It’s not just about your new drone!

Getting started with your Drone aka sUAV for commercial videography

NOTE: This covers commercial use of your drone or UAV in Canada.

Got a drone for Xmas? Looking to use your small UAV to capture the scenery and make some money?

We’ve had lots of questions from new entrants into the photography and videography industry in Canada. Usually, from photographers who are thinking about getting a drone with a camera and want to know what else is needed to be ready to start using their drone commercially

Turns out, there are several moving parts needed to set up to do this properly.

Here are some of the key items that need to be considered.

Ground School

First, you’ll need UAV ground school training. Our pilots went to a couple of different courses and the best we’ve found is the Aerobotika course. It was very strong in terms of required content as well providing some great tips on the process of preparing and submitting an SFOC.

The Aerobotika course covers all of the material in TP1526E, which is the mandated curriculum for small UAV users issued by Transport Canada (TC). Having the certificate from a UAV training course is an important marker for TC about your level of competence and commitment.

The UAV ground school course is a serious investment, but it is just the start.

Learn to Fly Safely and with TC Permission

Second, you’ll need to find someone who understands the whole flying thing to help you get started. One option is your local MAAC field. You will need to start logging your flight times, your battery usage and maintenance among other things as well as develop some simple checklists.

This will help to make sure you remember to do the key things to fly well and safely each and every time.

An SFOC or Special Flight Operations Certificate is a key document that outlines the permission from Transport Canada to operate for commercial purposes.  One is needed for each and every flight you do commercially. TC will be looking for a number of key items, including safety checklists, procedures and risk management when you submit your request for each SFOC. And, take note, approval of an SFOC is not automatic.

You will also need some instruction on the actual flying. These small UAV things are pretty good with flight controllers that help you keep the UAV stable, but unfortunately, they do not fly themselves automatically. Best advice is that you will need to practice flying with a current pilot to get familiar with your aircraft. My pilots have been flying for many years, so the piloting involved was very familiar to them. It took me about 6 months of practice to get comfortable with orientation and turning as well as to developed the ability to handle the controls smoothly.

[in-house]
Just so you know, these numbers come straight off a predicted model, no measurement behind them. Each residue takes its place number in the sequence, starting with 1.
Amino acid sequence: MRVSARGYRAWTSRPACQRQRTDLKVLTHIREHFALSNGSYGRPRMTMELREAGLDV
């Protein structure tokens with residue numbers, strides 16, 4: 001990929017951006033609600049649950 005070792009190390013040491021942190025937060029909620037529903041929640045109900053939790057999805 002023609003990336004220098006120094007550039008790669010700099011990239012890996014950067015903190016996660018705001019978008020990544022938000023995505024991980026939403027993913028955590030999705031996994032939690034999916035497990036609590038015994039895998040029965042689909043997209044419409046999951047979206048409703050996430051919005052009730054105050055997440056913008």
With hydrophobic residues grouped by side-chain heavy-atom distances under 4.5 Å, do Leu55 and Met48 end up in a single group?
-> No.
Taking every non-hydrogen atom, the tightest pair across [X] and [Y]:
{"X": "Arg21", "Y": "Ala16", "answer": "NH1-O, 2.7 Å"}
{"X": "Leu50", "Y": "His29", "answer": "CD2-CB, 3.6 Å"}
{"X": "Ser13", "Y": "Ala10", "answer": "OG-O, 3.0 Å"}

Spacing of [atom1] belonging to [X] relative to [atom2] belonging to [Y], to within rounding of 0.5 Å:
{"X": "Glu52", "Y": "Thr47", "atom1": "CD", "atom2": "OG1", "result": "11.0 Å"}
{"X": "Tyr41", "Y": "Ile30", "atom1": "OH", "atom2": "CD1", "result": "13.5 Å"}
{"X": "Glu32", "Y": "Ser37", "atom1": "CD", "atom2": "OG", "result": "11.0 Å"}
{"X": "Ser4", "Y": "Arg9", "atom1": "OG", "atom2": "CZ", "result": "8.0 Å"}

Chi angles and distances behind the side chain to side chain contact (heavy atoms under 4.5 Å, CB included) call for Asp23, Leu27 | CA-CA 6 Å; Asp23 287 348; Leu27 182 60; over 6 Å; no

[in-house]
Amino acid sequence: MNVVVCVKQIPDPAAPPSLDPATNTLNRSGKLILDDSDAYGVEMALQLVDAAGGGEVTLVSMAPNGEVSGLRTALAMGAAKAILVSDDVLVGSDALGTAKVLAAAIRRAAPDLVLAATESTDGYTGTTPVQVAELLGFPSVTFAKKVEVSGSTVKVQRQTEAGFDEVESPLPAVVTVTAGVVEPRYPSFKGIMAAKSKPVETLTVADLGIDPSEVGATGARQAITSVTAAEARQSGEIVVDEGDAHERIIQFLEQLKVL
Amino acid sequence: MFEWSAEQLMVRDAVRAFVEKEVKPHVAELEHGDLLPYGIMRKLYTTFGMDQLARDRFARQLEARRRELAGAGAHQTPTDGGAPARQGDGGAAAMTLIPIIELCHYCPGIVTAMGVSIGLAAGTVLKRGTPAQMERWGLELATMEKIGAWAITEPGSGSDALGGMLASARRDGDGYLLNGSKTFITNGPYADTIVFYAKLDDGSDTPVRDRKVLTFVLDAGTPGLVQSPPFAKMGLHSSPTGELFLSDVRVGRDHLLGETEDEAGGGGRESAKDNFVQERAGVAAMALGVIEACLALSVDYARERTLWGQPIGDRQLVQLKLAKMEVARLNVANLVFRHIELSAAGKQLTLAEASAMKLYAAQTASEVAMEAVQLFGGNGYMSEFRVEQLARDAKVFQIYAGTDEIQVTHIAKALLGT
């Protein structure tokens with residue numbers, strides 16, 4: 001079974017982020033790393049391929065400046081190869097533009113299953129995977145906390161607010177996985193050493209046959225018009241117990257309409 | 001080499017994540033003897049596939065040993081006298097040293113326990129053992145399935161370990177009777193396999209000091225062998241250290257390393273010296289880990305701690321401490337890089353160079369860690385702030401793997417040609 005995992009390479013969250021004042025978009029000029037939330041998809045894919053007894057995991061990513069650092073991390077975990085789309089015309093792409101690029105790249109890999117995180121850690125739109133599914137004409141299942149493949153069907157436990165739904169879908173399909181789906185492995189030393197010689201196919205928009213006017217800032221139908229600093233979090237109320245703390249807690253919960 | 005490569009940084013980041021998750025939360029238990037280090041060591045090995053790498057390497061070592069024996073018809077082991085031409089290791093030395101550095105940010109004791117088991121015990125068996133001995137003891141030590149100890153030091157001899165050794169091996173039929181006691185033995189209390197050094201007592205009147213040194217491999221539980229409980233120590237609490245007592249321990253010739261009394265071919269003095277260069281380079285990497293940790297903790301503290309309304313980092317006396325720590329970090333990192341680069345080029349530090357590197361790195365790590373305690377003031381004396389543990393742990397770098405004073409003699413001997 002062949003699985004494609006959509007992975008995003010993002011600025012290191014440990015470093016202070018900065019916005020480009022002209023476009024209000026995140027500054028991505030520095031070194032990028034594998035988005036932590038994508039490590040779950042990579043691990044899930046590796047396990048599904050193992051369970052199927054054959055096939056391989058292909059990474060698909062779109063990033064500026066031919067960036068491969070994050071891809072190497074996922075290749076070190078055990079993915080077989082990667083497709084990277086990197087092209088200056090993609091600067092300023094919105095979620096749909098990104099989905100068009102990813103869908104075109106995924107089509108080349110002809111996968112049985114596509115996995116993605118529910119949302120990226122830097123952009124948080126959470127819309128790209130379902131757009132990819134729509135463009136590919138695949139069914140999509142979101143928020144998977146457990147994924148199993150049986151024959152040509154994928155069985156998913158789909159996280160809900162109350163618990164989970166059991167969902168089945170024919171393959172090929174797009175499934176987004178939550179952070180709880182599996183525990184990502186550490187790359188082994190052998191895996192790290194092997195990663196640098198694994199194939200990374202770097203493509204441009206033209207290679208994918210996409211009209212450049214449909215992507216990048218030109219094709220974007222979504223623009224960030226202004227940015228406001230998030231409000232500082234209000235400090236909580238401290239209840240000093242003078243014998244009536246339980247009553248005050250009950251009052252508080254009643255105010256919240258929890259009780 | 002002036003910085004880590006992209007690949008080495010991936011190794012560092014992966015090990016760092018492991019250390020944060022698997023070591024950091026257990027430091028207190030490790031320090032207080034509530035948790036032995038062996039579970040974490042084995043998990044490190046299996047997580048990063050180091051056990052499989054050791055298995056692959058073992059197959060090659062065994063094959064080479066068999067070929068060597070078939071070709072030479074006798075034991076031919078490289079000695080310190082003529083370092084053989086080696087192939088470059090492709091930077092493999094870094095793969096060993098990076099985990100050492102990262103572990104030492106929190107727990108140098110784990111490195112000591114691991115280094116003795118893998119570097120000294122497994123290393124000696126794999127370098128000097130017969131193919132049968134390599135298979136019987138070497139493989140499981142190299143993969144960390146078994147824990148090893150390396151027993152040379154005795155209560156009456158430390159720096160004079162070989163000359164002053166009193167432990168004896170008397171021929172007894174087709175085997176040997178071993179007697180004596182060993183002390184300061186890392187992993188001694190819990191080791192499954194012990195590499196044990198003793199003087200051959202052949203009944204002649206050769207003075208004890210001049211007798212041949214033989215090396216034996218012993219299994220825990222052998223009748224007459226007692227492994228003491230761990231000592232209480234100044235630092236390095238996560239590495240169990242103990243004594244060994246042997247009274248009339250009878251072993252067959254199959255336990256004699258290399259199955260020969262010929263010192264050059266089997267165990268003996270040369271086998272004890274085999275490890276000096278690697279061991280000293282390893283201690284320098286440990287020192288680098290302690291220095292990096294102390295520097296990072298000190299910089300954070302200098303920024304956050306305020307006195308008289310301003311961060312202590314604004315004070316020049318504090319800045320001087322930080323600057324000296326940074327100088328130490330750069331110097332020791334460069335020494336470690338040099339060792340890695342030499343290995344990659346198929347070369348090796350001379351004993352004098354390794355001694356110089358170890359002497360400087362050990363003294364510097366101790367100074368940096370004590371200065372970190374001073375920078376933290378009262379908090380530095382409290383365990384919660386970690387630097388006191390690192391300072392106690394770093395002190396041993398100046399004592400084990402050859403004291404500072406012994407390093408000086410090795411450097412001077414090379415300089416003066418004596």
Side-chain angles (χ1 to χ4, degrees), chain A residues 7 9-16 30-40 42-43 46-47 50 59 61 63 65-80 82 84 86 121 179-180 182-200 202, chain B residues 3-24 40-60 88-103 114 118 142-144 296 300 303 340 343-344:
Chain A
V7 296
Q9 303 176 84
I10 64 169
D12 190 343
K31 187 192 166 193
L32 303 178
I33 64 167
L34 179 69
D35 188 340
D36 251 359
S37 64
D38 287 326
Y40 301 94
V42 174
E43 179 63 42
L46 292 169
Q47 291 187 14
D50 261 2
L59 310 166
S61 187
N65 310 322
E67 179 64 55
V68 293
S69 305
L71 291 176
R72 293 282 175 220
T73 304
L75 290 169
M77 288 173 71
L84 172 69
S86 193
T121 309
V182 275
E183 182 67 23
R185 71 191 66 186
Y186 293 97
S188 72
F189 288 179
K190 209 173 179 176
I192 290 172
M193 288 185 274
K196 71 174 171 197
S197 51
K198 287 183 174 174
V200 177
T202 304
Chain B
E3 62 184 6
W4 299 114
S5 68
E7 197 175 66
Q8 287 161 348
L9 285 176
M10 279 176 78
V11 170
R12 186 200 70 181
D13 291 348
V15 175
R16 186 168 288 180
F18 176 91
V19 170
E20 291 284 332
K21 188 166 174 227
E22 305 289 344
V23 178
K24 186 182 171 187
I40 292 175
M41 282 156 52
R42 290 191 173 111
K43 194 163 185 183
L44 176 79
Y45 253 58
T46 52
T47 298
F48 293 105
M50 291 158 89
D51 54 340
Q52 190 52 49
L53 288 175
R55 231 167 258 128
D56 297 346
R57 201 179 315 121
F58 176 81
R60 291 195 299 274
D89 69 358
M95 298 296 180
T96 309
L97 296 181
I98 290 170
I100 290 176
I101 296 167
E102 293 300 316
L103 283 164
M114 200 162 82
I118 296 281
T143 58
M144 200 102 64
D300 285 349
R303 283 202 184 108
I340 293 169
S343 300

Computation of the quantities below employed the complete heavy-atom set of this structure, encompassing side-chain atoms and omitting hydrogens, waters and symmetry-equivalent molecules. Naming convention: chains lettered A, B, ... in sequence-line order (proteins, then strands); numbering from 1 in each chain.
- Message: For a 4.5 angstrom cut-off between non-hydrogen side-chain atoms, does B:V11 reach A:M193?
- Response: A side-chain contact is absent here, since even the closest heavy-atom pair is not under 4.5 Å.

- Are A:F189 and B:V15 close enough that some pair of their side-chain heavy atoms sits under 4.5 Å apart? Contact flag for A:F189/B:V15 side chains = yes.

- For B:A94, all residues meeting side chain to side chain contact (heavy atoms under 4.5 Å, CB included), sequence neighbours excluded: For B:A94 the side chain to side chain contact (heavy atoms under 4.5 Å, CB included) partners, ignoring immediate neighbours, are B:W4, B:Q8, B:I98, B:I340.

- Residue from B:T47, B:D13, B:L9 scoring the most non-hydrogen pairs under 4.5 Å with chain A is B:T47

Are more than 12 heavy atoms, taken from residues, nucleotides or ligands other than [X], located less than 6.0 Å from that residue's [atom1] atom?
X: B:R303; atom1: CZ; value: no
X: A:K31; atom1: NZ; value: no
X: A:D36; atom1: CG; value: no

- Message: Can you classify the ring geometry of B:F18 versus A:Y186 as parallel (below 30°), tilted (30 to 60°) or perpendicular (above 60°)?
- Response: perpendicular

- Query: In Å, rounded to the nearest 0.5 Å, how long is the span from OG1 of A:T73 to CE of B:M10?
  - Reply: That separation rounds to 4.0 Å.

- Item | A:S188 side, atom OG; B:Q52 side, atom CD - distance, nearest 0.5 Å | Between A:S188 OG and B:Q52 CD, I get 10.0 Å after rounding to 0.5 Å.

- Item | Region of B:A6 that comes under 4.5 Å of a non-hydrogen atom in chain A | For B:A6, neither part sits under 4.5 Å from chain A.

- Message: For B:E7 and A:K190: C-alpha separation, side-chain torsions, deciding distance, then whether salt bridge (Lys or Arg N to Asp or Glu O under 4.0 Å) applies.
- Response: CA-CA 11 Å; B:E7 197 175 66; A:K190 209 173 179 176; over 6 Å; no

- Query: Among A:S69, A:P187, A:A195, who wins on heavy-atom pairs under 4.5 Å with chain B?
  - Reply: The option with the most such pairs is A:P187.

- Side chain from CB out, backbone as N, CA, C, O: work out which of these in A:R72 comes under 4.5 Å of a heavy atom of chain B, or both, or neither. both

I found that the use of a small Blade Nano QX for practice indoors and a simulator over the winter will help to accelerate the process.

Transport Canada also details a number of safety factors to observe, ones that will apply will be outlined in your SFOC when issued (this list is not exhaustive):

  • Stay at least 150 metres away from people, animals,buildings, structures, and vehicles not involved in the operation
  • Fly during daylight and in good weather
  • Always keep your aircraft in sight
  • Respect the privacy of others
  • Don’t fly close to airports, in populated areas, near moving vehicles, or higher than 90 metres
  • Don;t fly closer than 9 km from forest fires, airports, heliports, aerodromes, or built-up areas
  • Don’t operate your sUAV over military bases, prisons or in controlled or restricted airspace
  • Don’t fly over crowds or higher than 90 metres
  • Don’t participate in special aviation events, air shows or system demonstrations
  • Don’t arry dangerous goods or lasers


Third, you will need to get aviation insurance set up. Transport Canada requires 100K$ of insurance, but we’ve signed up for 1M$, just in case. Some cities, such as Toronto have very high requirements of at least 5M$ of insurance to fly, and you may need a film permit. If you not flying over private property, there can be additional permits needed from cities or municipalities for photographic or video work.

A useful reference is this pdf  TC Staff Instruction (SI) No. 623-001 on the Transport Canada Website. It is the key reference available at this point to give you guidance on the specific information that TC is looking for when completing your application for an SFOC.

Join an Industry Association and Facebook Group

Fourth, there are may places that can help you learn more about the industry and get tips and suggestions to avoid many of the the pitfalls that you’ll encounter. Groups such as the SFOC group on Facebook, Unmanned Systems Canada as an corporate member or CUAVA online will provide great feedback and opportunities to interact with other in the industry. These groups are ver helpful and try hard to inform and educate newcomers.

One last recommendation is to take a course on aerial photography and videography. Udemy has a great course by Dr. Bruce Geddes that will accelerate your entry into the space.

Hope this helps. As an aside, the rules vary in other countries, such as the US or UK so YMMV. Make sure you check the rules of the local civil authorities when travelling.

Feel free to add more questions via the comments.

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